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October 3, 2017

Wilberforce A!ert: TODAY: Join Congress in Hearing How to Save Iraq’s Religious Minorities

ISIS’ goal of exterminating Christians and Yezidis from their historic homelands could be realized.

Today at 12 pm, I am going before Congress to testify about the dire situation in Iraq and the very real opportunity we have to stop ISIS’s genocide from being complete.

I will report on my recent trip to Iraq, accompanied by 21CWI Director of Government Relations Abby Berg, as well as representatives of Christian Solidarity Worldwide and Samaritan’s Purse. We visited Mosul, Mt. Sinjar, and Sinjar City among other locations.

Iraq’s Christian population has dwindled from 1.5 million in 2003 to just 250,000 today. Families leave every day searching for security, economic opportunity and education. Terror has displaced these minority families from their homes for three years, and many believe they can stay only if the U.S. and its international partners ensure their ability to rebuild securely.

Christians are not the only victims. The Yezidi community shared many of the same concerns. Today, 3,000 of their women and girls remain in ISIS captivity. Moreover, their land is “contested territory” by Baghdad and the Kurdistan Regional Government. Multiple militias control it and few families have been able to return, though many want to return.

Some of Iraq’s militias have very concerning geo-political missions. The Hashd-al Shaabi militia is backed by Iran, which is trying to create a land-bridge from Iran to the Mediterranean. This would allow military aid from Iran to Hezbollah and other terrorist groups. Thus, we see how these minorities returning safely to their homes has direct national security impact on the U.S. and its allies in Europe, as well as Israel.

Unfortunately, to a large extent, U.S. Government assistance has been limited. While ISIS targeted other groups for genocide, those groups have regional backers; Christians and Yezidis don’t have supporters in the region, and so are at greater risk now.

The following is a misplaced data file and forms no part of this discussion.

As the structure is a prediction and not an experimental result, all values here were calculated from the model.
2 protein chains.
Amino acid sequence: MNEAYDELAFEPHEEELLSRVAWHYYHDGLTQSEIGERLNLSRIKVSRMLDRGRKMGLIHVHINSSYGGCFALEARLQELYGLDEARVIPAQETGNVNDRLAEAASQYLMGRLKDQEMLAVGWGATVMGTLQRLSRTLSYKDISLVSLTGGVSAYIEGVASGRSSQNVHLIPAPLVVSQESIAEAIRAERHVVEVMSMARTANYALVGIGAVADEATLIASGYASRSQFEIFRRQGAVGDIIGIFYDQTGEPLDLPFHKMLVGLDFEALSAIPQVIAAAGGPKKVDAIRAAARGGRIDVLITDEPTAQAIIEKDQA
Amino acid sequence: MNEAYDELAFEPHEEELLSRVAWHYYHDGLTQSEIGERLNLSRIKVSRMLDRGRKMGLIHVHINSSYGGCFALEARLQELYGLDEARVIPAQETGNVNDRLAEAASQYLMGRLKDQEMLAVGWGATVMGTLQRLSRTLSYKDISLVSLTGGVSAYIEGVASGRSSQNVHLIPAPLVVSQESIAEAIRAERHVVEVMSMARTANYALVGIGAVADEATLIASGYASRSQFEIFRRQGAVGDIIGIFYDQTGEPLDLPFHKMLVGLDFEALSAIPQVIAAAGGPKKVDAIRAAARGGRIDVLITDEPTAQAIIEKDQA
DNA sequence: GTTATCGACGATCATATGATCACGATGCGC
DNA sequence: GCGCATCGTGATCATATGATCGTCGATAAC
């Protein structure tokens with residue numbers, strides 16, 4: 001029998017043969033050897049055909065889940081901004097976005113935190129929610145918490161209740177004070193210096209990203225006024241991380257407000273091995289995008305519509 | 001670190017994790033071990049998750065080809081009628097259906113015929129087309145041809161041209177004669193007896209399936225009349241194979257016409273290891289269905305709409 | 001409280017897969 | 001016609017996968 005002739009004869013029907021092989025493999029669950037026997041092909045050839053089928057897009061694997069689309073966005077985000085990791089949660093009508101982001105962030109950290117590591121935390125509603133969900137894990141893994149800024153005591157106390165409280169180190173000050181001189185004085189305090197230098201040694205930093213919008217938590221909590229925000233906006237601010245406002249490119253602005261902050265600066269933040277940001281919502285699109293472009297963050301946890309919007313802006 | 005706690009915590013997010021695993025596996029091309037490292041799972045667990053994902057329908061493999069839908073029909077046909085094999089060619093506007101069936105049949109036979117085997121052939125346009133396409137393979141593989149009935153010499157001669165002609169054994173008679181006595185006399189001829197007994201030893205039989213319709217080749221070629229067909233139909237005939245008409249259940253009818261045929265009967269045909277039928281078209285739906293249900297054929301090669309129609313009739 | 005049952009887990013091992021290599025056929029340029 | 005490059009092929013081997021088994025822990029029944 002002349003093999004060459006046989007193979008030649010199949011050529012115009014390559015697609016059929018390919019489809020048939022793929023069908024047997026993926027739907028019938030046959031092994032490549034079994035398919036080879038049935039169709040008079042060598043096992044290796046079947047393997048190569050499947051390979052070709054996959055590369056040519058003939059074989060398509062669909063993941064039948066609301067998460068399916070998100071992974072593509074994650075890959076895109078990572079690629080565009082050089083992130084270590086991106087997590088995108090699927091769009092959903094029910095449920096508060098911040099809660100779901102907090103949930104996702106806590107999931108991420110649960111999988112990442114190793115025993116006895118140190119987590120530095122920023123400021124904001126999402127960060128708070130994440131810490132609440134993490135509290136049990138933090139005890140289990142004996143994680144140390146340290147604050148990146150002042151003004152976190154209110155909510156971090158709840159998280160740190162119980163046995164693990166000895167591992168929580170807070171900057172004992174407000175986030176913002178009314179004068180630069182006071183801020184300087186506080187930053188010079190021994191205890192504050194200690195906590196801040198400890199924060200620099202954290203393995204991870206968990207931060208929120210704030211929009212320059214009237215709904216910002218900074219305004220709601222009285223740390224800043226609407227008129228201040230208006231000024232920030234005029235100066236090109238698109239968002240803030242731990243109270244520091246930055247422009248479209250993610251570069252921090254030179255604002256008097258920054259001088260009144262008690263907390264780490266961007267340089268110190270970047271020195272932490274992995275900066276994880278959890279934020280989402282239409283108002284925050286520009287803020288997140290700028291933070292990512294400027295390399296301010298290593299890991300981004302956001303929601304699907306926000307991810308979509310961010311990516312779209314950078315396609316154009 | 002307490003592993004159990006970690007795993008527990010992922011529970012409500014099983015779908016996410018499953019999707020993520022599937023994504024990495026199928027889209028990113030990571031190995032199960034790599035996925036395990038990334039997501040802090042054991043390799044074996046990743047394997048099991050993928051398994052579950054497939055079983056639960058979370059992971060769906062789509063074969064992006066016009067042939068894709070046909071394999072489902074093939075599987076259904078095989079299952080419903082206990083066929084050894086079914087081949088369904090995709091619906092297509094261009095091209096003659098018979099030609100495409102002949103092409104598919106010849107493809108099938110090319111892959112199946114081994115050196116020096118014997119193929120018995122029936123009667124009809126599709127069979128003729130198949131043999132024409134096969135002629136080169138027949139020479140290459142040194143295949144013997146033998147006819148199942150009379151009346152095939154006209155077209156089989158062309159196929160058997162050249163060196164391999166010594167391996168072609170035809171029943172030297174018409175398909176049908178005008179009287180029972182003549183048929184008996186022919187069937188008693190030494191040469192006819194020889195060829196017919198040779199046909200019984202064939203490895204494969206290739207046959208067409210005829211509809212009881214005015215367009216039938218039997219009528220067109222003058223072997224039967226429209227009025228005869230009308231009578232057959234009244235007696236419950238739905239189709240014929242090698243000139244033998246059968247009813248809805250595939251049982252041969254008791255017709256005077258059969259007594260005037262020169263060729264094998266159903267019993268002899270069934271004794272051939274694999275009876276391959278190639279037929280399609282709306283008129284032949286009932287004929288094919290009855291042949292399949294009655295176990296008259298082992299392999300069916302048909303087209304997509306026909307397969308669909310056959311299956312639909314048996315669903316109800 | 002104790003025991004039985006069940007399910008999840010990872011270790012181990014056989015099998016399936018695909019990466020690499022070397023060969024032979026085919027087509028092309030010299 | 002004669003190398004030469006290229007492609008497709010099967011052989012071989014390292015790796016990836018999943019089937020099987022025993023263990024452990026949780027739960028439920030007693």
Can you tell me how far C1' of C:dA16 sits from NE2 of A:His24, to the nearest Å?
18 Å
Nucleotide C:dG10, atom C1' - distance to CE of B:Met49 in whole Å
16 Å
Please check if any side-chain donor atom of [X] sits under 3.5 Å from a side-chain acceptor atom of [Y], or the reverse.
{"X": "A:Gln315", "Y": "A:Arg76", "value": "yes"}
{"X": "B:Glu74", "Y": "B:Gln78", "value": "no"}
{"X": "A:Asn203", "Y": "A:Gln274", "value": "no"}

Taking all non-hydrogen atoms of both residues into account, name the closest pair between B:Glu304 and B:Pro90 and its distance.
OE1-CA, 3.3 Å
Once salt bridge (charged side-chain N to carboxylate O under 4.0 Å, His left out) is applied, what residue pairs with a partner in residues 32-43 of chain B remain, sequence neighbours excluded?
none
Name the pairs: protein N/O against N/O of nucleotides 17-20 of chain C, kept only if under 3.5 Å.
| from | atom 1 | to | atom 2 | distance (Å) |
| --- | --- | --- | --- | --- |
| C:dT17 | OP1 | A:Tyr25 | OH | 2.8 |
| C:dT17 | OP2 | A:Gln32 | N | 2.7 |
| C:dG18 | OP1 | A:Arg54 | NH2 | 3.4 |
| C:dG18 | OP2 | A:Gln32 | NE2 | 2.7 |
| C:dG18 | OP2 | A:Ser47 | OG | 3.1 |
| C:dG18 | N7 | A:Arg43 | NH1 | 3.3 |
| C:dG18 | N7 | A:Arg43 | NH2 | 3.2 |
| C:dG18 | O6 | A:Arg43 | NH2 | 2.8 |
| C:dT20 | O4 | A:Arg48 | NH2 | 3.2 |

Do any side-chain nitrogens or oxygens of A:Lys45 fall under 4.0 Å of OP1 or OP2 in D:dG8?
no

The U.S. must help Christians and Yezidis to return home safely. As a UN official said recently, “the religious minorities need unique solutions.” What works to return Sunni Muslims to Mosul will not work to return religious minorities to contested territories.

The State Department and U.S. Agency for International Development (USAID) must structure assistance in a way that is responsive to these genocide victims’ unique circumstances.

In closing, Congressional resolve, and the force of law, must be matched by Administration action:

1)    Our government needs “fresh eyes” in Iraq with regard to our current policies to provide humanitarian aid as well as protect our national security interests.

2)    President Trump should issue a Presidential Decision Directive or Presidential Memorandum directing the State Department and USAID to immediately address the needs to communities identified by Secretary Tillerson as having been targeted for genocide.

3)    A post should be established by the White House for an inter-agency coordinator to guarantee that the needs of these communities are adequately addressed to ensure their safety and preservation consistent with U.S. foreign policy.

4)    Congress should immediately pass H.R. 390, the bipartisan Iraq and Syria Genocide Emergency Relief and Accountability Act, authored by Chairman Chris Smith (R-NJ) and coauthored by Congresswoman Anna Eshoo (D-CA).

There is still time, but the hour is late and the communities have little stamina left. We cannot allow ISIS’ genocide to succeed.

Action Items:

1. View my testimony before congress:

2. Read our most recent report about Iraq and what is needed.

3. Call your Senators and ask them to work to ensure that justice is done and humanitarian support is given to Iraq’s religious minorities, who face extermination if they do not act. 

Region: Middle East & North Africa
Keywords: Yezidi,Christian,ISIS,IS,genocide,Congress,Frank R. Wolf,21st Century Wilberforce Initiative,21 Century Wilberforce Initiative,21 Wilberforce,21CWI

Frank R. Wolf

Congressman Frank R. Wolf is Distinguished Senior Fellow of the 21st Century Wilberforce Initiative. He was elected to Congress in 1981 and served Virginia’s 10th District for 17 terms. Wolf authored the International Religious Freedom Act and legislation to create a U.S. State Department special envoy to advocate for religious minorities in the Near East and South Central Asia. The Founder and Co-chair of the Tom Lantos Human Rights Commission, Wolf’s honors include the 2015 Wilson Chair in Religious Freedom at Baylor University, the Presidential Eleanor Roosevelt Award for Human Rights, and the Chuck Colson Center for Christian Worldview’s William Wilberforce Award.

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